Low groundwater levels mean water worries not behind us – Op-ed in the Riverside Press-Enterprise

By Jeffrey D. Armstrong

The drought emergency may be over, but our water supply worries are not.

When Gov. Jerry Brown lifted mandatory conservation orders across most of the state in April, he closed the book on a sobering chapter in California history. His action marked the end of cutbacks that began in 2014.

By winter, extreme drought turned to record rain and snow. This year, the mountains were cloaked in white, teeming rivers boosted reservoir levels, and State Water Project deliveries are the highest in more than a decade.

But don’t be fooled. Below the surface, in groundwater basins, the effects of extreme drought persist. The water held underground in layers of rock and soil serves as a water savings account for dry times. Right now, that account is low. And that means we all need to be concerned.

The problem is most pronounced in Central California. Farmers there pumped excessively from aquifers to keep crops alive during the five-year drought. Decades of overpumping have permanently reduced the aquifers’ storage capacity and caused the land to sink more than 2 feet in some places.

Local aquifers are also impacted. Levels in the Temecula Valley Groundwater Basin are 30 percent lower than normal for this time of year, despite abundant winter rains. The basin was drawn down at the peak of the drought, when imports from the State Water Project and Colorado River were limited.

Local aquifer levels are very important because the Temecula Valley basin supplies up to 40 percent of the water for 150,000 people served by Rancho California Water District.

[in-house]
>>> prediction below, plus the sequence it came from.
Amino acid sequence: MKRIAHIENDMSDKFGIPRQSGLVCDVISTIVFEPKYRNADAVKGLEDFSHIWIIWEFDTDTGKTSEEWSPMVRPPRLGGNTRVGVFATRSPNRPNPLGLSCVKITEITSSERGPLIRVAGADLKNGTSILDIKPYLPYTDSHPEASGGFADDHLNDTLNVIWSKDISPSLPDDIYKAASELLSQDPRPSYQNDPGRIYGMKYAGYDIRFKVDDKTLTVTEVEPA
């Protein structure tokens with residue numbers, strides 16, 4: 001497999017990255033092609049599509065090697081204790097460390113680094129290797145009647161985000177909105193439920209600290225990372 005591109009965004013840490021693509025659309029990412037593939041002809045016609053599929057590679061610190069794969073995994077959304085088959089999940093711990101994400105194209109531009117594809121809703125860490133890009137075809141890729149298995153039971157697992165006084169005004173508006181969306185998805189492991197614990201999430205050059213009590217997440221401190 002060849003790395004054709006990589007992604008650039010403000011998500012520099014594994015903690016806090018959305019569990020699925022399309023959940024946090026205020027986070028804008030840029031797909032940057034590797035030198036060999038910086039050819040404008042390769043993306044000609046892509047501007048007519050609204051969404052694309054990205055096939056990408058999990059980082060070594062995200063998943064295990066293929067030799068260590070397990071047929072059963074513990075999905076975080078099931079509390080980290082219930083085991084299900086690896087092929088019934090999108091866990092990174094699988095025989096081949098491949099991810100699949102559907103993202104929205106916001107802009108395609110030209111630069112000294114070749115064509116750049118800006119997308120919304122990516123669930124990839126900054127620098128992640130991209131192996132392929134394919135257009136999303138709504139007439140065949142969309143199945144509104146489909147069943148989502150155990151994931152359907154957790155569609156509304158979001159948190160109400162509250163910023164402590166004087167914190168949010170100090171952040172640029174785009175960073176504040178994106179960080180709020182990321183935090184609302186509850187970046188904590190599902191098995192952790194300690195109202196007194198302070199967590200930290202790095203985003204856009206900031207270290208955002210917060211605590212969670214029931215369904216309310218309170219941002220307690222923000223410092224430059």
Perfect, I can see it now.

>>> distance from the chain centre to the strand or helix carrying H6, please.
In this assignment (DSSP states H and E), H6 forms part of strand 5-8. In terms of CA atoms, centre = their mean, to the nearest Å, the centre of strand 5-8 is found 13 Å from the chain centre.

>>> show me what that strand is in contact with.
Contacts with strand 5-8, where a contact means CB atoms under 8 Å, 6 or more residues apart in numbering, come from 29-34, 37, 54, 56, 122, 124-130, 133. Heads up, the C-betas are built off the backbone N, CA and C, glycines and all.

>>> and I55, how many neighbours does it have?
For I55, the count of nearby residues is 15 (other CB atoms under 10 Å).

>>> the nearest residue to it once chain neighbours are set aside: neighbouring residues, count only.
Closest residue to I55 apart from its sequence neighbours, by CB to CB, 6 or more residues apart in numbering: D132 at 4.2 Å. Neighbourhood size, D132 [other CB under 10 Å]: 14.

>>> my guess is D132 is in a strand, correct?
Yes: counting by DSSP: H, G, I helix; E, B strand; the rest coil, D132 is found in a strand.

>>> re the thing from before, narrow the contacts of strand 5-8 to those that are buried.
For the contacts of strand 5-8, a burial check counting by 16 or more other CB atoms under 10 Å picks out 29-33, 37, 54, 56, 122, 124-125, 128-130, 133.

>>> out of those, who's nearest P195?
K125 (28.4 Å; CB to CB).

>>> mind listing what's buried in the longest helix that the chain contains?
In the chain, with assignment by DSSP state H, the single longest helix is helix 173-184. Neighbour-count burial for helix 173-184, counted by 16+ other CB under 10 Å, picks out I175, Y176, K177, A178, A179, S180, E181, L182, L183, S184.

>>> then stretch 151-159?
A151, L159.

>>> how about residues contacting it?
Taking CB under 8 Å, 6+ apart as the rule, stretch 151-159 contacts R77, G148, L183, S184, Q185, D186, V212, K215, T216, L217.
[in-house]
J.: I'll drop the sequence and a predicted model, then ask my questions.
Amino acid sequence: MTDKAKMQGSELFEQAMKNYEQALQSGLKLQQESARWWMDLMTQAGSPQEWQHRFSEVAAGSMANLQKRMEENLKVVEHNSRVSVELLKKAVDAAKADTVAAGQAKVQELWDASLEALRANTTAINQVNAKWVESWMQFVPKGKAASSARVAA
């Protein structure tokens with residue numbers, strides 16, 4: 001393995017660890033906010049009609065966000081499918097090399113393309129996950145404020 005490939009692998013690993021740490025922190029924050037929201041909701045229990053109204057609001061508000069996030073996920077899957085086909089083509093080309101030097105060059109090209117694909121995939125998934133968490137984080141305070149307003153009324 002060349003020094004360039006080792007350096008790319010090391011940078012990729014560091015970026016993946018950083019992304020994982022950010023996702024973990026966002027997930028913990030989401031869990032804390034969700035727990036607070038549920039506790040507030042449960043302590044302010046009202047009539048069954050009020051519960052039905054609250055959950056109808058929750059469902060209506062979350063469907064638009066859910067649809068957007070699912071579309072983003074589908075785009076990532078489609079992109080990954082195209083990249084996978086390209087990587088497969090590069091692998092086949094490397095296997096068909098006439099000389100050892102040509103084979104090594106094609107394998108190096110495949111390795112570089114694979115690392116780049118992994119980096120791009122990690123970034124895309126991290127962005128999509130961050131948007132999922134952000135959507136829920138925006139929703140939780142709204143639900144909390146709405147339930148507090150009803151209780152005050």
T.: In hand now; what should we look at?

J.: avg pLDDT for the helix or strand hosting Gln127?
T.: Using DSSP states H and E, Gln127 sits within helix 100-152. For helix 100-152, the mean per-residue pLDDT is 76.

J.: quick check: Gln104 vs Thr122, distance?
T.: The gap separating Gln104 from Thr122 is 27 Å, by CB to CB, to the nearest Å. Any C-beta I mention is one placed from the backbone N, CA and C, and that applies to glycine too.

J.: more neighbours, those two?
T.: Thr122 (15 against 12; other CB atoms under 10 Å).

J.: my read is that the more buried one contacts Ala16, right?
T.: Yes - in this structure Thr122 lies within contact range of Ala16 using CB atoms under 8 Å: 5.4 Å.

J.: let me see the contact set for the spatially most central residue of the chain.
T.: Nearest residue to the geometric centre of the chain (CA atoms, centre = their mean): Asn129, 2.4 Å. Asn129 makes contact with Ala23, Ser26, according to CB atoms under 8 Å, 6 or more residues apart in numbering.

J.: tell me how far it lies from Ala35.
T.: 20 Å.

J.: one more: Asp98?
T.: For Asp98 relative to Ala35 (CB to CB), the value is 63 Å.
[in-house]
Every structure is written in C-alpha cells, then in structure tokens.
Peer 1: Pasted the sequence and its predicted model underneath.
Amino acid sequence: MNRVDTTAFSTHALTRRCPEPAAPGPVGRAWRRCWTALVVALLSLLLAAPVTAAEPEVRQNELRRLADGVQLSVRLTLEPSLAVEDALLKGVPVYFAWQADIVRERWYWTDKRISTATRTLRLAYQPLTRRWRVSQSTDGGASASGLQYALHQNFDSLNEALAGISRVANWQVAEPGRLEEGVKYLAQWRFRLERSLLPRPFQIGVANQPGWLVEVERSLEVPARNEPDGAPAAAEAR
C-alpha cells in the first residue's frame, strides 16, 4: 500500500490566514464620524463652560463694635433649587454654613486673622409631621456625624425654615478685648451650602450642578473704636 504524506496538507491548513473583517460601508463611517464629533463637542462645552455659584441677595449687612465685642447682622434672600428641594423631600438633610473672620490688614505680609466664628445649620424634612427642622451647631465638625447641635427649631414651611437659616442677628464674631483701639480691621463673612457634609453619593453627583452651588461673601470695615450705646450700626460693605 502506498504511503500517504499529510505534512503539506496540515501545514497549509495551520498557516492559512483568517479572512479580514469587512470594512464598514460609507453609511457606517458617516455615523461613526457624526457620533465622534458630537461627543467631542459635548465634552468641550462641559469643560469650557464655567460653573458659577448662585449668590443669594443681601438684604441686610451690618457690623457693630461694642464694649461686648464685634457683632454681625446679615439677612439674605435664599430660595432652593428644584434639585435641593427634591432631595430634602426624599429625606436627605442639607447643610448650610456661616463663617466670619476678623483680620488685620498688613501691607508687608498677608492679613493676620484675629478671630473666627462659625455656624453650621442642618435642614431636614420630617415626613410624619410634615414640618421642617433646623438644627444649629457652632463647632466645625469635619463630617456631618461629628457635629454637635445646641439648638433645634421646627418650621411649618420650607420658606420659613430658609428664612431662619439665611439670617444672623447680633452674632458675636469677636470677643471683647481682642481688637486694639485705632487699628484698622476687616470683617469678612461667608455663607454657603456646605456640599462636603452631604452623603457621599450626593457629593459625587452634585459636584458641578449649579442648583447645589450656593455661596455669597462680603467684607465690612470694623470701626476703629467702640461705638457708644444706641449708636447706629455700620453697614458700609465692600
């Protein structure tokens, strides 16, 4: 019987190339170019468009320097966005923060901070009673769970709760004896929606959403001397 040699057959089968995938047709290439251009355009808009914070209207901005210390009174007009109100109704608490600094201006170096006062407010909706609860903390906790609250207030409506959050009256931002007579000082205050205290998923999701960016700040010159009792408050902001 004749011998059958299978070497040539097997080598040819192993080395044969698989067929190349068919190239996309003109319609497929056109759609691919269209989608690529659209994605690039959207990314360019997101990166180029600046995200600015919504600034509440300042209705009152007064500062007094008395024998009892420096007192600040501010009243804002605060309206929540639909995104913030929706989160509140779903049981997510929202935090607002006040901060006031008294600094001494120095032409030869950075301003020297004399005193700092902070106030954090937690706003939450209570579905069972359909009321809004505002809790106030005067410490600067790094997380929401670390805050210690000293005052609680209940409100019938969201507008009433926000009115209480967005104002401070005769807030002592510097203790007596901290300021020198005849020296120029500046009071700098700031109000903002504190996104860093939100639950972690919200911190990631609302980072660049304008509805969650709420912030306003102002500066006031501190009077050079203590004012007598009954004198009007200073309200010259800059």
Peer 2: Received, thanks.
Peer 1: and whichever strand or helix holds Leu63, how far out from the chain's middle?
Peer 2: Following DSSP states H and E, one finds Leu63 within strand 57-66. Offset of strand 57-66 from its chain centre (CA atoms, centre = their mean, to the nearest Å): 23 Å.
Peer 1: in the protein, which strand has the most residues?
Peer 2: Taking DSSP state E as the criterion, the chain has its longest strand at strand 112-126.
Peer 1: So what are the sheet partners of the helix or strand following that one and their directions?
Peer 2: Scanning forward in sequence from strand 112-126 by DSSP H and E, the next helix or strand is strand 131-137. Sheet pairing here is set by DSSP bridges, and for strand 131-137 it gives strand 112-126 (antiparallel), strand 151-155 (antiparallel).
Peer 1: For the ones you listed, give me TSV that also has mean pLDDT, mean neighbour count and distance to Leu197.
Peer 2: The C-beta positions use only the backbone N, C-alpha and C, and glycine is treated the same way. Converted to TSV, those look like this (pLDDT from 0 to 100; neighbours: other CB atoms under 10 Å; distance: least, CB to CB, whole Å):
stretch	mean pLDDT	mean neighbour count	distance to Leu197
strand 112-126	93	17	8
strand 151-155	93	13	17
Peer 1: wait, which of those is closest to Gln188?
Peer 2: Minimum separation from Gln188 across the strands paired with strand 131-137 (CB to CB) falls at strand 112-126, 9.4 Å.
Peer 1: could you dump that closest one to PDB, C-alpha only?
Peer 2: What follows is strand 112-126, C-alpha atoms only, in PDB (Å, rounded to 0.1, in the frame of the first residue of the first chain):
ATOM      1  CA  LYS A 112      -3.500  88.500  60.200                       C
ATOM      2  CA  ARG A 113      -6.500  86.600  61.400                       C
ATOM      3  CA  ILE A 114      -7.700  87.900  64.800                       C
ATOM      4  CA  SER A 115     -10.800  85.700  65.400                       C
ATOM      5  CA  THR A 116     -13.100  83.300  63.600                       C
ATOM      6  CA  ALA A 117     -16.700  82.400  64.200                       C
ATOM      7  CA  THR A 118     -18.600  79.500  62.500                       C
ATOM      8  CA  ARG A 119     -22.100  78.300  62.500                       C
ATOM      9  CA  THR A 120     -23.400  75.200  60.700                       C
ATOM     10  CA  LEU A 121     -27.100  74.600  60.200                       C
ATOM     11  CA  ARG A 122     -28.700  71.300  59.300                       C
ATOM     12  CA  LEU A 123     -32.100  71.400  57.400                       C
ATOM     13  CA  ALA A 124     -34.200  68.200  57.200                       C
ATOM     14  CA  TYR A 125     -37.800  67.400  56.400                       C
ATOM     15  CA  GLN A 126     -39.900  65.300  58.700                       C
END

Because local water is about one-fifth the cost of imports, this supply is what keeps the district’s rates among the lowest in the area.

The 137-square-mile basin will be recharged by rain and runoff — eventually.

Rancho California Water District uses water from Vail Lake, east of Temecula, to replenish the basin. The lake also suffered from the drought, dropping levels to just over a quarter of capacity.

That is why Rancho California Water District will remain in Stage 3c of its Water Shortage Contingency Plan. While neighboring water providers may be moving to less restrictive stages because their supply portfolio includes more of the costly imported water, it is important for Rancho California to remain vigilant so basins can recover before the next drought.

Under Stage 3c and the district’s tiered rate structure, residential and landscape customers get their full tier 1 and tier 2 efficient budgets; tier 3, the inefficient tier, is eliminated. So customers who go over their efficient budget go directly to tier 4 and pay the highest price for water.

As the weather warms, residents of Inland Southern California must remain attentive to their water consumption. The region made great strides in water conservation over the last three years, and hopefully those changes have become habit.

The winter of 2017 gave us a reprieve from drought, but we could have water shortages again next year. It is imperative that we continue making deposits into our groundwater savings accounts so when the next dry spell hits, we are ready.

Jeffrey D. Armstrong is general manager of Rancho California Water District.

Link to op-ed on Riverside Press-Enterprise web site

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